photograph

photograph

The Photograph

Subé Fountain with gold statue of Winged Victory, built in 1907, Reims, France.

Introduction:

My photo
Current: Danbury, CT, United States
Welcome! A few years ago, I discovered an application that artists employ in their works to bring cultural awareness to their audiences. Having discerned this semiotic theory that applies to literature, music, art, film, and the media, I have devoted the blog, "Theory of Iconic Realism" to explore this theory. The link to the publisher of my book is below. If you or your university would like a copy of this book for your library or if you would like to review it for a scholarly journal, please contact the Edwin Mellen Press at the link listed below. Looking forward to hearing from you!

Thank you for visiting. I hope you will find the information insightful. ~ Dr. Jeanne Iris
To view my page on the Edwin Mellen Press website, please click below:

Announcements:

Recently, I have demonstrated or will demonstrate the application of this theory at the following locations:
April, 2016 @ University of Notre Dame:
A 'Daughter of Attila' Speaks: The Semiotic Theory of Iconic Realism in the Cultural Identity of Irish Celts and Magyars
November, 2016 @ Massachusetts Maritime Academy:
"A Terrible Beauty is Born"...The Semiotic Theory of Iconic Realism and William Butler Yeats' poem, Easter 1916
November 2017 @ Georgetown University:
Harmony of the Spheres and the Semiotic Theory of Iconic Realism in Sydney Owenson's Epistolary Tale, The Wild Irish Girl

Dates pending: I will present the theory of iconic realism at universities and art institutes which have purchased my book.



21 October, 2016

Field of Dreams and Iconic Realism (Click here to view the movie trailer.)


In the photo, you will see the baseball field, which was actually constructed in an Iowa cornfield for the film, Field of Dreams.  

"An example of iconic realism in a film would be the baseball field within the 1989 film, Field of Dreams, based on the novel written by W. P. Kinsella and the screenplay written and directed by Phil Alden Robinson. Throughout the film, the audience knows that the mysterious baseball diamond, carved out of an Iowan cornfield by farmer Ray Kinsella, connects with the sport of baseball. Two iconic factors are present, the sport, which many view as America’s heart and the location, which is the heartland of America" (Lakatos 57).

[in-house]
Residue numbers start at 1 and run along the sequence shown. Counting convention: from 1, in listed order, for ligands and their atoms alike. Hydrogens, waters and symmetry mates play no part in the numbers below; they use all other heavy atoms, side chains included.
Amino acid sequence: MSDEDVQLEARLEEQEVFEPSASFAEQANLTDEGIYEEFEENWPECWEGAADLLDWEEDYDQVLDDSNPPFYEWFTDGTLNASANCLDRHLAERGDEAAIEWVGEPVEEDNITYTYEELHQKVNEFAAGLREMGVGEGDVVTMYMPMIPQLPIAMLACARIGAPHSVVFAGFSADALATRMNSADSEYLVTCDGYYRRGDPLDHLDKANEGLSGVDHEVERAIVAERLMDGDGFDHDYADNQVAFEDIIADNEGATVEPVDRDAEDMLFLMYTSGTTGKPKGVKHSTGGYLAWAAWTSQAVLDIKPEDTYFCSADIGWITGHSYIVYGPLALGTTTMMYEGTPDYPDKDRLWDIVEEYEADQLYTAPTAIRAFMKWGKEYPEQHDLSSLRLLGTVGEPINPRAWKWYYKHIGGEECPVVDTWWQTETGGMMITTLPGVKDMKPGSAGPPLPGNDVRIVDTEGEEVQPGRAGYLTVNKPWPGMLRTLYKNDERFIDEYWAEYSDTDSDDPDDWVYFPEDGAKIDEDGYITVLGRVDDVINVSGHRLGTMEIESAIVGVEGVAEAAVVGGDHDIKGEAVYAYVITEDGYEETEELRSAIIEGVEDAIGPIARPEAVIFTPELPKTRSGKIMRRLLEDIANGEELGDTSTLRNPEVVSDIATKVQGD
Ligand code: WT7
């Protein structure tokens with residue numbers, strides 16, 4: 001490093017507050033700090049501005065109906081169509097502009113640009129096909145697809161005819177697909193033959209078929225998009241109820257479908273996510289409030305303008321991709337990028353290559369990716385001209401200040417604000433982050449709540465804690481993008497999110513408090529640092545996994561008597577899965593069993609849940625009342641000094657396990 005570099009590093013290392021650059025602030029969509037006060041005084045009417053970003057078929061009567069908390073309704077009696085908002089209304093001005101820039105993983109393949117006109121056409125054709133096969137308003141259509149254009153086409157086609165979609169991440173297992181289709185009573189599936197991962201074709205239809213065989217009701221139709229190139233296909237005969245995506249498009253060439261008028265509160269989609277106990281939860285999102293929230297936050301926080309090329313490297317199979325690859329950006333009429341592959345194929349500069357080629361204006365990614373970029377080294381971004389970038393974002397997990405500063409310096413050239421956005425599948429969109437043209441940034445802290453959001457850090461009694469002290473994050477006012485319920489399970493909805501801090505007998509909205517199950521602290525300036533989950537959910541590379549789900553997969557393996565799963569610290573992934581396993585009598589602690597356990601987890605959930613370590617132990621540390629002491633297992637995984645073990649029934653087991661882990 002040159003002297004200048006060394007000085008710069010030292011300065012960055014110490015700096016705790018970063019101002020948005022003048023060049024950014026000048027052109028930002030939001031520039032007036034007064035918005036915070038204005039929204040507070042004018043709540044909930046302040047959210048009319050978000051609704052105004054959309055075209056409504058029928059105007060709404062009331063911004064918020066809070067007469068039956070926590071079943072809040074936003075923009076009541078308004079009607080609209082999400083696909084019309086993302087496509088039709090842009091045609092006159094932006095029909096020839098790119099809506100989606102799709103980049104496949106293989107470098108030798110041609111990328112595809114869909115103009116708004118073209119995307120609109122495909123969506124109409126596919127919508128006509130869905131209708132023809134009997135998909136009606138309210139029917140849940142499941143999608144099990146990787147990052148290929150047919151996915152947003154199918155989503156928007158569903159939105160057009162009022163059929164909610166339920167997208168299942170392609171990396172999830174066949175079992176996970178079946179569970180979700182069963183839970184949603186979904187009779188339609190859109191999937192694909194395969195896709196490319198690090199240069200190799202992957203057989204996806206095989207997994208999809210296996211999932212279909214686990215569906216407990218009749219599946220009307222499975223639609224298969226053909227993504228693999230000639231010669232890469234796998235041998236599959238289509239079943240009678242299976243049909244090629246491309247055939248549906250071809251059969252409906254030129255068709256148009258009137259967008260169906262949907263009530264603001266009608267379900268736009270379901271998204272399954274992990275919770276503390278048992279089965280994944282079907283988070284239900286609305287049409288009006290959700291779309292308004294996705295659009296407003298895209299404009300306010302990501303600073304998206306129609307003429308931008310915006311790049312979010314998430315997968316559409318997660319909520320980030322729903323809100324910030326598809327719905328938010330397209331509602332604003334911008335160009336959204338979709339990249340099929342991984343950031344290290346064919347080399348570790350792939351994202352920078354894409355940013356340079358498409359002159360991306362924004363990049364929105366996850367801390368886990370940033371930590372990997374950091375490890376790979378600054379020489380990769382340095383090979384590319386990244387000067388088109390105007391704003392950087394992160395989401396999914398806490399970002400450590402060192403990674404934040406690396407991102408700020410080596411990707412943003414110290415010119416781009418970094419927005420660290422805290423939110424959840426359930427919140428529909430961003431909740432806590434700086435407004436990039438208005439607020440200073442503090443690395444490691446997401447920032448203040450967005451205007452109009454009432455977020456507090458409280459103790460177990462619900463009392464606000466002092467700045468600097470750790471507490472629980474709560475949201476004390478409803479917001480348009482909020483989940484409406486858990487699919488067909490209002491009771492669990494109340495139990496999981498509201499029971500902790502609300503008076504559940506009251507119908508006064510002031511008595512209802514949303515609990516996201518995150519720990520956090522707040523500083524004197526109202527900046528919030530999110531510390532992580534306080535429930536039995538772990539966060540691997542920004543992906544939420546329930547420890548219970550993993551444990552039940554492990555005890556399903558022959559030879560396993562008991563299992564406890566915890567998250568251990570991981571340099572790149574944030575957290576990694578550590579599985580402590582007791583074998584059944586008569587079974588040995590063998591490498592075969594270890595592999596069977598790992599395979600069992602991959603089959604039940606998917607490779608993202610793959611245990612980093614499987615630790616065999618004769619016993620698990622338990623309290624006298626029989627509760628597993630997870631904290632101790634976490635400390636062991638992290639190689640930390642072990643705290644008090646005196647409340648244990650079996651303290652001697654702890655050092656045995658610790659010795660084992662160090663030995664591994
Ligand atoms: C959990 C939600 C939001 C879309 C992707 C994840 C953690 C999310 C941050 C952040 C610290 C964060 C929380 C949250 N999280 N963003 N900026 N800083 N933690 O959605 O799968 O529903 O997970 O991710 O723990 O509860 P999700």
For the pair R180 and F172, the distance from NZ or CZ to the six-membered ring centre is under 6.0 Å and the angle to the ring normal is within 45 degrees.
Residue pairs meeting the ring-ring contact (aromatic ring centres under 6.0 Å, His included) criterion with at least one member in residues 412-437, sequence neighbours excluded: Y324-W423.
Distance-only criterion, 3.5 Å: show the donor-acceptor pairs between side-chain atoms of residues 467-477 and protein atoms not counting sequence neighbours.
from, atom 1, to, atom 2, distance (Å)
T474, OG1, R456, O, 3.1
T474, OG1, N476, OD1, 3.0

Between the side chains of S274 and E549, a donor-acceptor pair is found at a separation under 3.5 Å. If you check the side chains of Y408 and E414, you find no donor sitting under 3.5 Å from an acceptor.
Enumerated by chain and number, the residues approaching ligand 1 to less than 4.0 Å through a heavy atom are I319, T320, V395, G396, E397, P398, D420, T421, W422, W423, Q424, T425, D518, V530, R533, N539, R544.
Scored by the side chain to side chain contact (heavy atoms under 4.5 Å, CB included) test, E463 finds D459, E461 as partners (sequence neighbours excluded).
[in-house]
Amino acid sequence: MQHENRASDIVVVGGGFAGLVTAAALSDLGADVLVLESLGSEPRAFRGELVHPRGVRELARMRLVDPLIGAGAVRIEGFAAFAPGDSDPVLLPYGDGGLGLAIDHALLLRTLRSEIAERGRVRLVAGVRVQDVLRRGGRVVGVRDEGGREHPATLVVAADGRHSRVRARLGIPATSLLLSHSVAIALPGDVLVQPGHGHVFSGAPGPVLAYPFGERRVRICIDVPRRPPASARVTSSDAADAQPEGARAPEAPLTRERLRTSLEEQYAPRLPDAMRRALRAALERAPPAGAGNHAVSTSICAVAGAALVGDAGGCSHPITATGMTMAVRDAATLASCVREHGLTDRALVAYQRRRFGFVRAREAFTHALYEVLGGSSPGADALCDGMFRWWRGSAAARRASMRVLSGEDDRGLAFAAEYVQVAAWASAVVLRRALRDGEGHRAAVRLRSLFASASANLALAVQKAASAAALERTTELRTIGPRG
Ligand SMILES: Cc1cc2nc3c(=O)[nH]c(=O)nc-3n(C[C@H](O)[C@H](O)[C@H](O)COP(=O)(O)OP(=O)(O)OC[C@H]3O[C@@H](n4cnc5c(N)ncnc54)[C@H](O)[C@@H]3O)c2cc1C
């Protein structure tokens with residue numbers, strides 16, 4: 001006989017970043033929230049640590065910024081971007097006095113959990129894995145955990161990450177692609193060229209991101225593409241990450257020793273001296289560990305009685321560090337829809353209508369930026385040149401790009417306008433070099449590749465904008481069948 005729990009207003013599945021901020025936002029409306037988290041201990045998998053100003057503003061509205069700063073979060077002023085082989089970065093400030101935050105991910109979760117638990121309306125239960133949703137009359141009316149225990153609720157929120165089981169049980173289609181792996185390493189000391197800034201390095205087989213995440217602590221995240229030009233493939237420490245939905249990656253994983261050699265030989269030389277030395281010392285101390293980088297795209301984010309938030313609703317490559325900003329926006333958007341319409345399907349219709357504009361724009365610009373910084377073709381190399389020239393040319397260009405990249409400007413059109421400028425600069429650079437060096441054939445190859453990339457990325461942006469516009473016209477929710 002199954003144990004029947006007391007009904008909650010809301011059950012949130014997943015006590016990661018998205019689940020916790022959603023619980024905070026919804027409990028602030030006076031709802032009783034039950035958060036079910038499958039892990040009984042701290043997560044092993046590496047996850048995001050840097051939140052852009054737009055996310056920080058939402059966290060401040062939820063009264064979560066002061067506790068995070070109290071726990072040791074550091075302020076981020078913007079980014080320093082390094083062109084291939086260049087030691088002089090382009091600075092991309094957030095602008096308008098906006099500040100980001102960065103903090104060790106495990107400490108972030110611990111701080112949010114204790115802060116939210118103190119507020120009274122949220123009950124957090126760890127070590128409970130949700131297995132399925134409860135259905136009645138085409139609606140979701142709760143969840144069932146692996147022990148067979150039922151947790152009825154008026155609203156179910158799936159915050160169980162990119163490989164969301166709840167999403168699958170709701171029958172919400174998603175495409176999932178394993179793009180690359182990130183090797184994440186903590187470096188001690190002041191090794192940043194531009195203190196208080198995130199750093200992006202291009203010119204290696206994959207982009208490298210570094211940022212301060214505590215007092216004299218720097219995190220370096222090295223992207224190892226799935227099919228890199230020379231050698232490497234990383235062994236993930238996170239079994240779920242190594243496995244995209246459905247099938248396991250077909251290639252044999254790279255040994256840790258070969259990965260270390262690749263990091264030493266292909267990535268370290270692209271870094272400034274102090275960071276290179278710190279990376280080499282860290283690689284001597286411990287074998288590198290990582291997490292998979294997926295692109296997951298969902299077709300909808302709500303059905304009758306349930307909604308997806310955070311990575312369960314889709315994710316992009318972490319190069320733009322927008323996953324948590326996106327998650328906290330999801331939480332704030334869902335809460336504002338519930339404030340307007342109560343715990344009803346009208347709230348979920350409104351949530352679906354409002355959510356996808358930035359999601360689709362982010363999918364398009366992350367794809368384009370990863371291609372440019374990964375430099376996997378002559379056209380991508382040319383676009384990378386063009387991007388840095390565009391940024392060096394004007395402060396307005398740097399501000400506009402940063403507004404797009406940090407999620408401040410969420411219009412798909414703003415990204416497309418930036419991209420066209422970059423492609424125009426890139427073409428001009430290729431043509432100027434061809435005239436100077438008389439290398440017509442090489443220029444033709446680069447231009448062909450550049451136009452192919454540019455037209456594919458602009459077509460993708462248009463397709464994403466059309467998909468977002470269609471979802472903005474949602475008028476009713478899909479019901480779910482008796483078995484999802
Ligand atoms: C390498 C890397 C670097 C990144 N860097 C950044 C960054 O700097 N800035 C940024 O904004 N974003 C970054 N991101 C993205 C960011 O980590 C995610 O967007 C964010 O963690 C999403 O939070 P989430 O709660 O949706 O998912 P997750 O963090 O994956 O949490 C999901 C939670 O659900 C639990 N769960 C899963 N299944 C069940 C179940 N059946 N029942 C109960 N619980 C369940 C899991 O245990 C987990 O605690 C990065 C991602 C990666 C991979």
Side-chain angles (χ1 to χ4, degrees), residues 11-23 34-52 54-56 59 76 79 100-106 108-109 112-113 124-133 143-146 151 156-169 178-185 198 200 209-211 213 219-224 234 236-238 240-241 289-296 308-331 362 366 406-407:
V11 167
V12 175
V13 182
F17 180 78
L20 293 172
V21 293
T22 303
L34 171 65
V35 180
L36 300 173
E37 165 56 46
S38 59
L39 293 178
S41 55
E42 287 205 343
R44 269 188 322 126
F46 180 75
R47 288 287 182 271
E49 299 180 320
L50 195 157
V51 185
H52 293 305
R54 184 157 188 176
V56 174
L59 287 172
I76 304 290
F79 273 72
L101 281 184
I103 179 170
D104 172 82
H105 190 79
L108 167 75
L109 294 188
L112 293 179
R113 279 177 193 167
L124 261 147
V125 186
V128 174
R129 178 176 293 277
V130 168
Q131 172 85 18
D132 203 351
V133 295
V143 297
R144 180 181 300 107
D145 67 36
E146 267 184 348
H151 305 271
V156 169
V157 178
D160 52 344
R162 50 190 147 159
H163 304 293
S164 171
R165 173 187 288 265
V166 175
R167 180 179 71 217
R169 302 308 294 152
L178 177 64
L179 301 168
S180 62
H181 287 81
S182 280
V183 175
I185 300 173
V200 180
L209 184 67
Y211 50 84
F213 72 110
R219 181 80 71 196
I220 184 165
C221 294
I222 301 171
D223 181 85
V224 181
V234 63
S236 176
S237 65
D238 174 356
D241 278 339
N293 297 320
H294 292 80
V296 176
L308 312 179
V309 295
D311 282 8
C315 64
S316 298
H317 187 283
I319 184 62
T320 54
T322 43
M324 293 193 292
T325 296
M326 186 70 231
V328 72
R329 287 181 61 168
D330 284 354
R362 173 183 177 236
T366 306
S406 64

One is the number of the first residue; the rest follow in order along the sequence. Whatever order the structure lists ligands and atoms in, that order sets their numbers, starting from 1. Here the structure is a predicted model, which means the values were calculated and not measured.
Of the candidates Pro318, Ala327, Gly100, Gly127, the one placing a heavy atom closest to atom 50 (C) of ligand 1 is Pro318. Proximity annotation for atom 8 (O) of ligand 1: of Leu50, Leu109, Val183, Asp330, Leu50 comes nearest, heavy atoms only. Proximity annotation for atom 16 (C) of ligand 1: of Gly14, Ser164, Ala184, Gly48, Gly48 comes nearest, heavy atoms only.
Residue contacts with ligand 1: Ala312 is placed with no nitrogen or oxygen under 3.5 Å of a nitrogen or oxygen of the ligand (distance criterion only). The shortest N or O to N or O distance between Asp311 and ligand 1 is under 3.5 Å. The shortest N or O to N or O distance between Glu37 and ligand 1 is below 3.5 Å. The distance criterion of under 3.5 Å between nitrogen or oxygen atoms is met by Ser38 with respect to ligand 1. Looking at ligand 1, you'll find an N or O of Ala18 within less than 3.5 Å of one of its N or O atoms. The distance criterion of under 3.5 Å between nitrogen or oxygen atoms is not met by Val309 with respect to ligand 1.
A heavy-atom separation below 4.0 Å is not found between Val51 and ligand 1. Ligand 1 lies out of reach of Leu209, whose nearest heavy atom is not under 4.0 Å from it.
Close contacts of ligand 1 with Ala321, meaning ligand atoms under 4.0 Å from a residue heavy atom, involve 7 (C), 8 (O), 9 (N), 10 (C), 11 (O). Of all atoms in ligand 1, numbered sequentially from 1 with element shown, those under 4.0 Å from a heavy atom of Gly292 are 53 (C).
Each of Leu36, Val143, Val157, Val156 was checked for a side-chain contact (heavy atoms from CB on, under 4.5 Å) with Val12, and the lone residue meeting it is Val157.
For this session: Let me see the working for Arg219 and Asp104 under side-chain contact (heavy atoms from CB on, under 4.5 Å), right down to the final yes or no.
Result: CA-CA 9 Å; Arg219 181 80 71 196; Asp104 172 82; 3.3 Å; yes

"The realism is the actual grass, the parameters of the field, which consist of the edge of a cornfield and the players, themselves, which are the Chicago Black Socks, a team which had gone through a series of legalities during its prime season. The baseball players are ghosts from this infamous team, who simply wish to play out eternity on a ball field. As the plot unfolds, Ray’s true reason to construct the field revolves around ‘having a catch’ with his father. Therefore, the iconic feature of an authentic baseball field, placed in the middle of a cornfield in Iowa, a very unlikely place for a baseball field, elicits the cultural awareness from the main character. Ray’s illusions of his father were detached from a realistic understanding of his father’s passion, for he very much like Ray, himself, was a hardworking young man, who loved baseball" (Lakatos 57).

"Therefore, Robinson’s use of iconic realism in the Field of Dreams illustrates a personal mission of opening the consciousness of America to the conflict within the heart of its people and traditions. The use of illusion and human consciousness illuminate the struggle with personal motivation that produces results as stated repeatedly throughout the film, “If you build it, he will come.” This feature of iconic realism in the Field of Dreams adapts well to contemporary statements of community in iconic characterizations and the realistic dynamics of connection and detachment" (Lakatos 57).

Work Cited: 
Lakatos, Jeanne. The Theory of Iconic Realism: Understanding the Arts through a Cultural Context. Lewisburg, New York: Edwin Mellen Publishers, 2009.